A recent letter from Leona Jackson of Stone Mountain, Ga., may have revealed a loophole Congress overlooked in the Credit Cardholders’ Bill of Rights, its springtime slap down of the banking industry: charging customers fees and interest on cards they never received.
Jackson recently heard from a collection agency that claimed she was long past due on a $207 debt owed on a Barclays Bank credit card. The puzzling part was that she’d never had a Barclays Bank card. Identity theft came to mind, except that all the information that the collection agency had was correct, including her address.
She might have been convinced that her memory was failing until she recalled filling out an application for a US Airways travel MasterCard about a year earlier while waiting for a plane. She’d never heard back from US Air: had received no letter of approval or rejection, and certainly no card. She told this to the collection agency and asked for the details of the debt, but the agency said it didn’t have that information. It just wanted the money. If it couldn’t collect, her credit rating would suffer. Without so much as an account number, Barclays wasn’t able to help her, either. That’s when she contacted me.
Two possibilities came to mind. Either the card had been pilfered from the mail, or something was wrong at the bank. Either way, my next call had to be to someone at Barclays to see if they could cast any light on the situation.
I found Kevin Sullivan, managing director of communications for Barclaycard US. And that’s how I discovered that the British bank is a credit-card provider for US Airways. After digging into the matter, Sullivan got back to me with an apology and a scary story.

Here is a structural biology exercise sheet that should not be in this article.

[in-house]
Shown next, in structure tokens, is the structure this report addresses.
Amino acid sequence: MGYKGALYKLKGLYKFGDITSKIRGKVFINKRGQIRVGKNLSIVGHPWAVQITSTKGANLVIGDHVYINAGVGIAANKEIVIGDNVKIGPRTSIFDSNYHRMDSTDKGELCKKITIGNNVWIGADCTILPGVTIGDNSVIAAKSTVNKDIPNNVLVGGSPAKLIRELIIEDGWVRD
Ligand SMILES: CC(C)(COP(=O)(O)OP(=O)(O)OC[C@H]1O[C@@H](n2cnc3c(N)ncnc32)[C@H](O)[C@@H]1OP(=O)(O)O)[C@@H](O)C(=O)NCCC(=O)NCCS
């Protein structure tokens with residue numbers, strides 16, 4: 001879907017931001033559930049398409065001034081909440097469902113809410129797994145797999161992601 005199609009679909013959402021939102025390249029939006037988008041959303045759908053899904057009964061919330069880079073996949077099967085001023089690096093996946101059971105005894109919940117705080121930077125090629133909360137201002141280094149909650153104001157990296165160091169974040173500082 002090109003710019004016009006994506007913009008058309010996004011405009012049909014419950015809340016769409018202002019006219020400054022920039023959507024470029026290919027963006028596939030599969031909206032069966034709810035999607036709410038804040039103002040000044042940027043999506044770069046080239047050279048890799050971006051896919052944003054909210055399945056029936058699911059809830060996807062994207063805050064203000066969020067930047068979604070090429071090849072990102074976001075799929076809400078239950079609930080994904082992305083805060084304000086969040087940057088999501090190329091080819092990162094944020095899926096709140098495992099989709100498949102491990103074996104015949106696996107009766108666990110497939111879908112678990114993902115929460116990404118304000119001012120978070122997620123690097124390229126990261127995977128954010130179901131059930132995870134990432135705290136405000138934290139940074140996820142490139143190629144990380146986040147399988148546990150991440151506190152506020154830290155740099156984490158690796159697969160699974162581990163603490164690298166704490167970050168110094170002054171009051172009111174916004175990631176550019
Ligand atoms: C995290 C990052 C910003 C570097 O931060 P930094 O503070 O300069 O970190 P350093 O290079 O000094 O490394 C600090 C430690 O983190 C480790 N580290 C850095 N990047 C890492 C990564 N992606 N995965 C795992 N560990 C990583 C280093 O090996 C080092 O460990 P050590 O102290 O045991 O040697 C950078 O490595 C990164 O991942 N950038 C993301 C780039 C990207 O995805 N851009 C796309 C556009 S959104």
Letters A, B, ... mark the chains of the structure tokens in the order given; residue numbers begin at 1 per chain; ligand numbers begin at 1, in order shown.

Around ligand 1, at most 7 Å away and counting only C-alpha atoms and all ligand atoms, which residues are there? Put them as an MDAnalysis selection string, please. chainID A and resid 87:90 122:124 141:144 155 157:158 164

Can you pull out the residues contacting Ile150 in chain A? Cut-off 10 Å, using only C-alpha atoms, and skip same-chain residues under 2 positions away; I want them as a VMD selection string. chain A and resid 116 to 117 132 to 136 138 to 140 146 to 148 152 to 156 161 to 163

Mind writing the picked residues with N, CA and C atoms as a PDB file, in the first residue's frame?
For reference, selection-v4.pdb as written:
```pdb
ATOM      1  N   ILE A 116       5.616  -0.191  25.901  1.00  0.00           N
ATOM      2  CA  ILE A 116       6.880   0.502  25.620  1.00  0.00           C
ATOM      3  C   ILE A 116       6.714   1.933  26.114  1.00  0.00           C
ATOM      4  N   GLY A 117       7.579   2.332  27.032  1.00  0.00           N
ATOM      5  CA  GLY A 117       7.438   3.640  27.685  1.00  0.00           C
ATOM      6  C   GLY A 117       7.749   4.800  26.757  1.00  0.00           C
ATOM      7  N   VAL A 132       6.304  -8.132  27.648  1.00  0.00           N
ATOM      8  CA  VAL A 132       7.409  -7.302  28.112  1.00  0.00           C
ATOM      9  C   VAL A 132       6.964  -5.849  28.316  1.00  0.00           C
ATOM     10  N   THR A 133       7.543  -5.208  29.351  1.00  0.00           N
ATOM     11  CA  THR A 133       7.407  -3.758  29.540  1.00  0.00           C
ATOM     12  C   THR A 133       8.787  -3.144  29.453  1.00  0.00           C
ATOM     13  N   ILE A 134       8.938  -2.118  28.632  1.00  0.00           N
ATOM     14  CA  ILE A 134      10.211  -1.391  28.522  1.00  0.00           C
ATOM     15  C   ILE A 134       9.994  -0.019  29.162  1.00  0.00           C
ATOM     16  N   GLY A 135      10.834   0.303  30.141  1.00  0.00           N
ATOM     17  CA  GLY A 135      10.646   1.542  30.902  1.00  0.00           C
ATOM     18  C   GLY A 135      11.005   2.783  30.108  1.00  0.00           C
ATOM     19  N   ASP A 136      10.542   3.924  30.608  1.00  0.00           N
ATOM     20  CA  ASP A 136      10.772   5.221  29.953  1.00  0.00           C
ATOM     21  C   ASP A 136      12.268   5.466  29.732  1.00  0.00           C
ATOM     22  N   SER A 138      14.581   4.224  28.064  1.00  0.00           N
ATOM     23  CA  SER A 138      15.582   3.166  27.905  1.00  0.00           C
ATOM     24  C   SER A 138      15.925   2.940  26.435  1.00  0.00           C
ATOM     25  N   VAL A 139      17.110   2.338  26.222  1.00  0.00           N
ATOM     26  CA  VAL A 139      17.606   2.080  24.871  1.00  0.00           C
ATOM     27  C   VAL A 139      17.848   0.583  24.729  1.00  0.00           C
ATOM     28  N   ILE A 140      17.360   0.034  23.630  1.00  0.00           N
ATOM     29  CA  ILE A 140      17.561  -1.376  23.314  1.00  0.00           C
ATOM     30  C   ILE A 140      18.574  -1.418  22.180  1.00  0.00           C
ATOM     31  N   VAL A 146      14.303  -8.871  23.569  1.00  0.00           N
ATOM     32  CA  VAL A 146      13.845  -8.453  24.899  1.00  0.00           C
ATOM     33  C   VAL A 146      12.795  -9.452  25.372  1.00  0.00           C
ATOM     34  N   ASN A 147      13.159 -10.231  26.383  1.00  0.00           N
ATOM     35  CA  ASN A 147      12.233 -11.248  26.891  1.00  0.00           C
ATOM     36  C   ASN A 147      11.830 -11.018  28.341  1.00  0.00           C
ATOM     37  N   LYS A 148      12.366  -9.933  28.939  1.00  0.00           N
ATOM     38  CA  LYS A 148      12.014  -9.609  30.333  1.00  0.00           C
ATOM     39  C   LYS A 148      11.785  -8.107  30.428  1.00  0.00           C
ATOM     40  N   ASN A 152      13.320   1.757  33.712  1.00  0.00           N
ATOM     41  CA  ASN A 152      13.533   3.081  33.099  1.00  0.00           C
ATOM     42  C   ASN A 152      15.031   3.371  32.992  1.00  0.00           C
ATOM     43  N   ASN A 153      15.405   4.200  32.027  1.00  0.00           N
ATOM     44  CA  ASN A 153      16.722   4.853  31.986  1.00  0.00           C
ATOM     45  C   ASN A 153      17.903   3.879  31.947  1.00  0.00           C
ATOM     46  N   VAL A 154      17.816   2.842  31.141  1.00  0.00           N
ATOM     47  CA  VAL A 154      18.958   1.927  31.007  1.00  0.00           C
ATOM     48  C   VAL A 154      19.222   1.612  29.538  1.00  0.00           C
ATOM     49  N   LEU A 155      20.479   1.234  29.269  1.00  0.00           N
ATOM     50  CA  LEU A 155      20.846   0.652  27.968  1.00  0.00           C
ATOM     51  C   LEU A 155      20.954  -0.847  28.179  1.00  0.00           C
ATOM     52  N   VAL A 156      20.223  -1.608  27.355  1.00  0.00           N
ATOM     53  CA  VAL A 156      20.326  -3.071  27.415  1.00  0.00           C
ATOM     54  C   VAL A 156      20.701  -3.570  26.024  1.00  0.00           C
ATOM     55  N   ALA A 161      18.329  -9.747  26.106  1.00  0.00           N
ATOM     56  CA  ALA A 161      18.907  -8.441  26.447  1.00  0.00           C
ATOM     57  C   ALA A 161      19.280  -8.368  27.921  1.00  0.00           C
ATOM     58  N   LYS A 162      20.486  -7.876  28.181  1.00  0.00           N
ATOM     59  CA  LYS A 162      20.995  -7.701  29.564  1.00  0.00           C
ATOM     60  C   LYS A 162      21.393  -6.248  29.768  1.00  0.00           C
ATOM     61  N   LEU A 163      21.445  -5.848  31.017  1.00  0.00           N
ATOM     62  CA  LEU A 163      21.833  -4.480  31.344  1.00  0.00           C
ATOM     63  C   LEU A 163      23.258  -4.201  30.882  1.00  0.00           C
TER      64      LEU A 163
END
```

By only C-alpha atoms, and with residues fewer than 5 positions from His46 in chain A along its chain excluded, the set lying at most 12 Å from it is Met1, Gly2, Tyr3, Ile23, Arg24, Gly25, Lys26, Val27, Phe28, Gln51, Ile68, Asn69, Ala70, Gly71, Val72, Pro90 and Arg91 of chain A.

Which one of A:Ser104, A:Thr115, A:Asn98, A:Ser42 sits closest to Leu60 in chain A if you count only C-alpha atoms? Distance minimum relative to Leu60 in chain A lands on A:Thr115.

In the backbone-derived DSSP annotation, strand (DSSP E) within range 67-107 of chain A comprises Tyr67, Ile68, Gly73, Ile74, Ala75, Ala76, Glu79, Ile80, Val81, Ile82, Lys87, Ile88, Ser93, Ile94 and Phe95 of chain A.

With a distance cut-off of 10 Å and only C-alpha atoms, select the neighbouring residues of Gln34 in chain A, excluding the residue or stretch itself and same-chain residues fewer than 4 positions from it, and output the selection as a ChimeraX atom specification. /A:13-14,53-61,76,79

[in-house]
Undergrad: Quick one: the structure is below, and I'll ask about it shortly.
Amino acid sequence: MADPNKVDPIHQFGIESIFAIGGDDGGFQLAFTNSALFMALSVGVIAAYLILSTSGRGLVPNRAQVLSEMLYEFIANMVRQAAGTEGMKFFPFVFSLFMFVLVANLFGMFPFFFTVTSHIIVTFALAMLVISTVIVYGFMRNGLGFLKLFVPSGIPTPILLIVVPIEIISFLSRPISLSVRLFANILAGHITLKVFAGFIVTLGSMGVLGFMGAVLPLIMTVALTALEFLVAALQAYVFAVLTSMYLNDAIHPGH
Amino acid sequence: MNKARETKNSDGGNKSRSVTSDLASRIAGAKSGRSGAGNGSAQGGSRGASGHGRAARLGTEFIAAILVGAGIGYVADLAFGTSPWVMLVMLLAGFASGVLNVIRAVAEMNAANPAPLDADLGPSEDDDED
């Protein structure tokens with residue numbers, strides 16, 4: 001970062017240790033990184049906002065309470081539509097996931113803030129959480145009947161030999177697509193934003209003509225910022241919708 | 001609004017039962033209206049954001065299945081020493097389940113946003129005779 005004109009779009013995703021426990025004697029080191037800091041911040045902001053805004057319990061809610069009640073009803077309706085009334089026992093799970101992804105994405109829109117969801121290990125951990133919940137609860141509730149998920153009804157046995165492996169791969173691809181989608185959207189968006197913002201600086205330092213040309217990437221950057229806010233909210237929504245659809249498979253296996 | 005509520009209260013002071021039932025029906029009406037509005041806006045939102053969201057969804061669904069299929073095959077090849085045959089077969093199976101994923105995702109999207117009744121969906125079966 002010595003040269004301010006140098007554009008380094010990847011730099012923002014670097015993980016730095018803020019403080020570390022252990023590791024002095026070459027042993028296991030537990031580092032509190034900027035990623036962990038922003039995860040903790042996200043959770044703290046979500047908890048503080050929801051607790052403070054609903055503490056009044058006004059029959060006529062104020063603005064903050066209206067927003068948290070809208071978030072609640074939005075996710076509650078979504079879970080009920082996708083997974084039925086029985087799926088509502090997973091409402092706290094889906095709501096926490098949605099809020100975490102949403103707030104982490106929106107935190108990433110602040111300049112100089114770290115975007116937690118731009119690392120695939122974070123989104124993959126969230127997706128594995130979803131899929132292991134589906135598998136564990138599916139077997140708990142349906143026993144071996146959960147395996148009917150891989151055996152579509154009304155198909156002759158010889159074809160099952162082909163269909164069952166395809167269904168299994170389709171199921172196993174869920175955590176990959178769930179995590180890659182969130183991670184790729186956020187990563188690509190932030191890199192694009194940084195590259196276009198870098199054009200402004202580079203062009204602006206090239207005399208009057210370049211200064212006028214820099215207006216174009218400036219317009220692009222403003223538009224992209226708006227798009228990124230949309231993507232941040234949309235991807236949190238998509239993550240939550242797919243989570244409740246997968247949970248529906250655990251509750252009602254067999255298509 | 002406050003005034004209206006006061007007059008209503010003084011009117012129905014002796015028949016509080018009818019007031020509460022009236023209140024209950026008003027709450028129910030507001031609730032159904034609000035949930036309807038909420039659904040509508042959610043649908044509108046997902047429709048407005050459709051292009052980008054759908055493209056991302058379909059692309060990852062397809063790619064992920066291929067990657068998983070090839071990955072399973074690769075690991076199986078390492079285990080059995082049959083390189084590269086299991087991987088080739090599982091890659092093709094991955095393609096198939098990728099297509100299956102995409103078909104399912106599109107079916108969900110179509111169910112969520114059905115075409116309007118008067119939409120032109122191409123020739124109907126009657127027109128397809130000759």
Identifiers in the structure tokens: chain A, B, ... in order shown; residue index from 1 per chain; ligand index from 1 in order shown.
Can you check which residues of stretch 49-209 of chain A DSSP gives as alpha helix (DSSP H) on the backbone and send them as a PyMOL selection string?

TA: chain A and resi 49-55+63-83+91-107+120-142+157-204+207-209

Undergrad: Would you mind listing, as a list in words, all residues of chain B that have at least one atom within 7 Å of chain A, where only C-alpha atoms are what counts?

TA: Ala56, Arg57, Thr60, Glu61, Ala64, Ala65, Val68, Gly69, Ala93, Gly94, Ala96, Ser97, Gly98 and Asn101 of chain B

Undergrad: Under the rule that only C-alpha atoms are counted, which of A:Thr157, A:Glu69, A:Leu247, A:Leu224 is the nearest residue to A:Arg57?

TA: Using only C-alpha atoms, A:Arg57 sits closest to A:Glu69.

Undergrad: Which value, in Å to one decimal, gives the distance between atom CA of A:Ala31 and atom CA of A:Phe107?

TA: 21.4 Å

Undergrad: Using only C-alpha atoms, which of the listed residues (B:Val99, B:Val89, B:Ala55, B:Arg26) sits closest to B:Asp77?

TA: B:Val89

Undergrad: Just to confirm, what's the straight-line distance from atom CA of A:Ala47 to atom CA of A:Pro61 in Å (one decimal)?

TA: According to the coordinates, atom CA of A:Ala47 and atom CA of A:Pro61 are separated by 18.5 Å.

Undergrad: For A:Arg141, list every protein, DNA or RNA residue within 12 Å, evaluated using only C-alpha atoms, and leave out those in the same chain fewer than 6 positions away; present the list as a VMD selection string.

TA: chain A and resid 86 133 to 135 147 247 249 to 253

Jackson’s application for the US Airways–Barclays Bank MasterCard was approved shortly after she’d submitted it; a card was sent out but was never activated. It wasn’t until after Sullivan looked into things that Barclays discovered it got Jackson’s address wrong somewhere along the line—meaning her shiny new credit card had landed in somebody else’s mailbox. Whoever got the card apparently didn’t use it: There were no fraudulent charges, just $207 in annual fees and late fees.
Sullivan promised to remove the charges, reissue the card, contact the credit bureaus to remove any errant information, and provide a bonus of 10,000 travel miles for Jackson’s time and trouble. Sullivan also admitted that the situation had uncovered a problem with the bank’s billing practices. Until that time, Barclays would bill annual fees on cards, whether or not the cardholders had ever activated their cards. Sullivan said that, as a result of the Jackson snafu, Barclays will only charge annual fees after a card is activated.
While Leona Jackson’s specific situation is rare, anyone applying for a credit card should remember some important points:
1. Track the Application — A credit-card application is a high-dollar-value, binding contract. Treat it as you would any other major debt, such as a home mortgage or a car loan. If you don’t hear anything about it for a couple of weeks, call for a status report.
2. Be Selective — Every time you apply for new credit, your credit report takes a ding. This is because credit-reporting agencies won’t know for perhaps several months whether or not you have received credit; they assume you have and lower your credit score accordingly. (Your credit score goes down, because the more credit you have, the less you can take on.)
3. Close Accounts in Writing — I get lots of complaints about credit-card, cell-phone, and utility accounts that were supposed to have been closed but weren’t and have built up big bills in the meantime. While most of these situations can be straightened out in time, it helps if you have a registered letter showing the date on which you asked that the account be closed.